The unprecedented floods have continued to wreak havoc on Porto Alegre and the region. The country’s south received three months’ worth of rain in just two weeks. Because the rain won’t stop, the water is also taking a long time to recede. Half a million people are still unable to return to their homes.

“We’re living one day at a time,” said 21-year-old Alisson Padilha da Silva, who was in a shelter for days after his family lost everything to the floods. He works at a sporting goods store in the mall, just across from check-in.

“We’re living one day at a time.”

Alisson Padilha da Silva, resident of Porto Alegre

“Psychologically, I’m really shaken,” he said. “I saw a lot of things. But I had to get back to work. I had to get back to my routine. I have to work to buy my things back.”

A scene of Ilhas underwater. Michael Fox/The World

He said that for stores at the mall, the airport check-in here has been a great thing. 

“The number of customers has gone up a lot,” he said. “There are people asking for things that we don’t have, so we’ve started stocking things we never thought of before.”

The situation isn’t likely to change anytime soon. 

Downtown Porto Alegre amid massive flooding across southern Brazil.Michael Fox/The World

Porto Alegre’s international airport remains underwater. Planes sitting on the runway look like giant birds floating on a lake. Officials, who visited it on Monday, say it won’t be ready until December.

“I think we need a goal. Like, for example, getting it operational by Christmas,” said Paulo Pimenta, the government minister leading the reconstruction effort in the state. “The body overseeing the airport has said that all navigation and signaling equipment will need to be repurchased. If the order were placed today, for example, we would only receive it in four months,” he explained.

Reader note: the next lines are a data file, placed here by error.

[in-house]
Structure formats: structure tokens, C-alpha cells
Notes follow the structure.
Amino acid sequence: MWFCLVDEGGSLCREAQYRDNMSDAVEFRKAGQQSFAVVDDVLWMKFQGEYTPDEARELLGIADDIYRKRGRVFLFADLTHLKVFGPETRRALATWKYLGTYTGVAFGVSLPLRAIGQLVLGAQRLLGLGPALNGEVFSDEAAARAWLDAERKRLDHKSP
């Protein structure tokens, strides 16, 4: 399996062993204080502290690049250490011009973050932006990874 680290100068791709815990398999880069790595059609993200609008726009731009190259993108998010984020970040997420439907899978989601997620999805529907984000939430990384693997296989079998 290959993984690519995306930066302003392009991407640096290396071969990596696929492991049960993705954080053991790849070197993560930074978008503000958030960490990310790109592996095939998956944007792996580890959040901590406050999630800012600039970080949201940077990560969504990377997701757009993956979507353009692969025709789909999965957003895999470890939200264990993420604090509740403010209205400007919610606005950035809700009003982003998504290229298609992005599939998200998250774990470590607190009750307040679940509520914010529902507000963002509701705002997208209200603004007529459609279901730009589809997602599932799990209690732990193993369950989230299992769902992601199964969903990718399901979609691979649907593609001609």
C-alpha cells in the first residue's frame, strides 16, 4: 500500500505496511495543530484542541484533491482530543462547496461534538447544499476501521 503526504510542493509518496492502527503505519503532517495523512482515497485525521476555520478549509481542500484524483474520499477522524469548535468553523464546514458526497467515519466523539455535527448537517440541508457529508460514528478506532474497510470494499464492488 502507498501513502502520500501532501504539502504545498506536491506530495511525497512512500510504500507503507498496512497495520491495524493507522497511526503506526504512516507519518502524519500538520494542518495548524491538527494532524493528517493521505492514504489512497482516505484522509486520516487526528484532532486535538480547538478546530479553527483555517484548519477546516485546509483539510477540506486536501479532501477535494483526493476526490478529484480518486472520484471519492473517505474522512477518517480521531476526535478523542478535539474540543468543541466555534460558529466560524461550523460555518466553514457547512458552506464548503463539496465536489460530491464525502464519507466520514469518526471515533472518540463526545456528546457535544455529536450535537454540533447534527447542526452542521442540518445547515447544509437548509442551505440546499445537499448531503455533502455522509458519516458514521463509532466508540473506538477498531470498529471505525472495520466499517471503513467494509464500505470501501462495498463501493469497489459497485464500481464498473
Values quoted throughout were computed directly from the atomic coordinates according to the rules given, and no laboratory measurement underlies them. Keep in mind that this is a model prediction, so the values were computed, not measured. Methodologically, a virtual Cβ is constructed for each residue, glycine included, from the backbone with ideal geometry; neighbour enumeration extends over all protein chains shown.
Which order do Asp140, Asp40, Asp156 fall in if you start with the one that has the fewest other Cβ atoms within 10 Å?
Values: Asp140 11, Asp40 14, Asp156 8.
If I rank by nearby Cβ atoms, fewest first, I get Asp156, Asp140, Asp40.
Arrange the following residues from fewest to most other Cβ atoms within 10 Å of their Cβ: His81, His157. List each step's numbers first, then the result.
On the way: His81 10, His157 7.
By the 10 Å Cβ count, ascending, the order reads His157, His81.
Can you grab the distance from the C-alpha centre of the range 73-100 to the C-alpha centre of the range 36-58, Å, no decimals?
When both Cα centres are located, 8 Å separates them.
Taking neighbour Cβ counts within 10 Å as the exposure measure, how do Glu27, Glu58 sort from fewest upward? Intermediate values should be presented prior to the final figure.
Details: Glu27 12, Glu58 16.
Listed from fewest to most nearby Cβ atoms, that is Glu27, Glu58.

“Furthermore, this order can only be made after we have completed a thorough review of all the damage, and that will take 45 days, on top of the time we will need for testing and installation.”

Eduardo Neves and his mother had to reschedule their trip to Rio de Janeiro four times because of massive flooding in the southern Brazil region.Courtesy of Billy Valdez/Coletivo Catarse

Passenger Eduardo Neves said he went to see the state of the airport for himself a few weeks ago. 

“It was total chaos. Totally flooded,” he said.

Neves was flying to Rio de Janeiro with his mom. It’s a trip they had scheduled for the beginning of May. But then the floods hit and it had to be rescheduled four times.

“We’re finally going,” he said. “It’s a little complicated because we aren’t used to this process. But it’s easier to come here than to any of the other airports in the region that are farther away.”

Buses are the other main means of transportation in and out of Porto Alegre. But the city’s bus terminal has also been underwater, so interstate transportation has been running through the town of Osorio about an hour and a half away. 

A scene from Ilhas underwater.Michael Fox/The World

Airline industry analysts say Brazil has never had an international airport knocked out like this for months, so these are make-shift solutions in times of crisis. Nor has there been a need to substitute in an air force base.

And, for now, it seems to be working.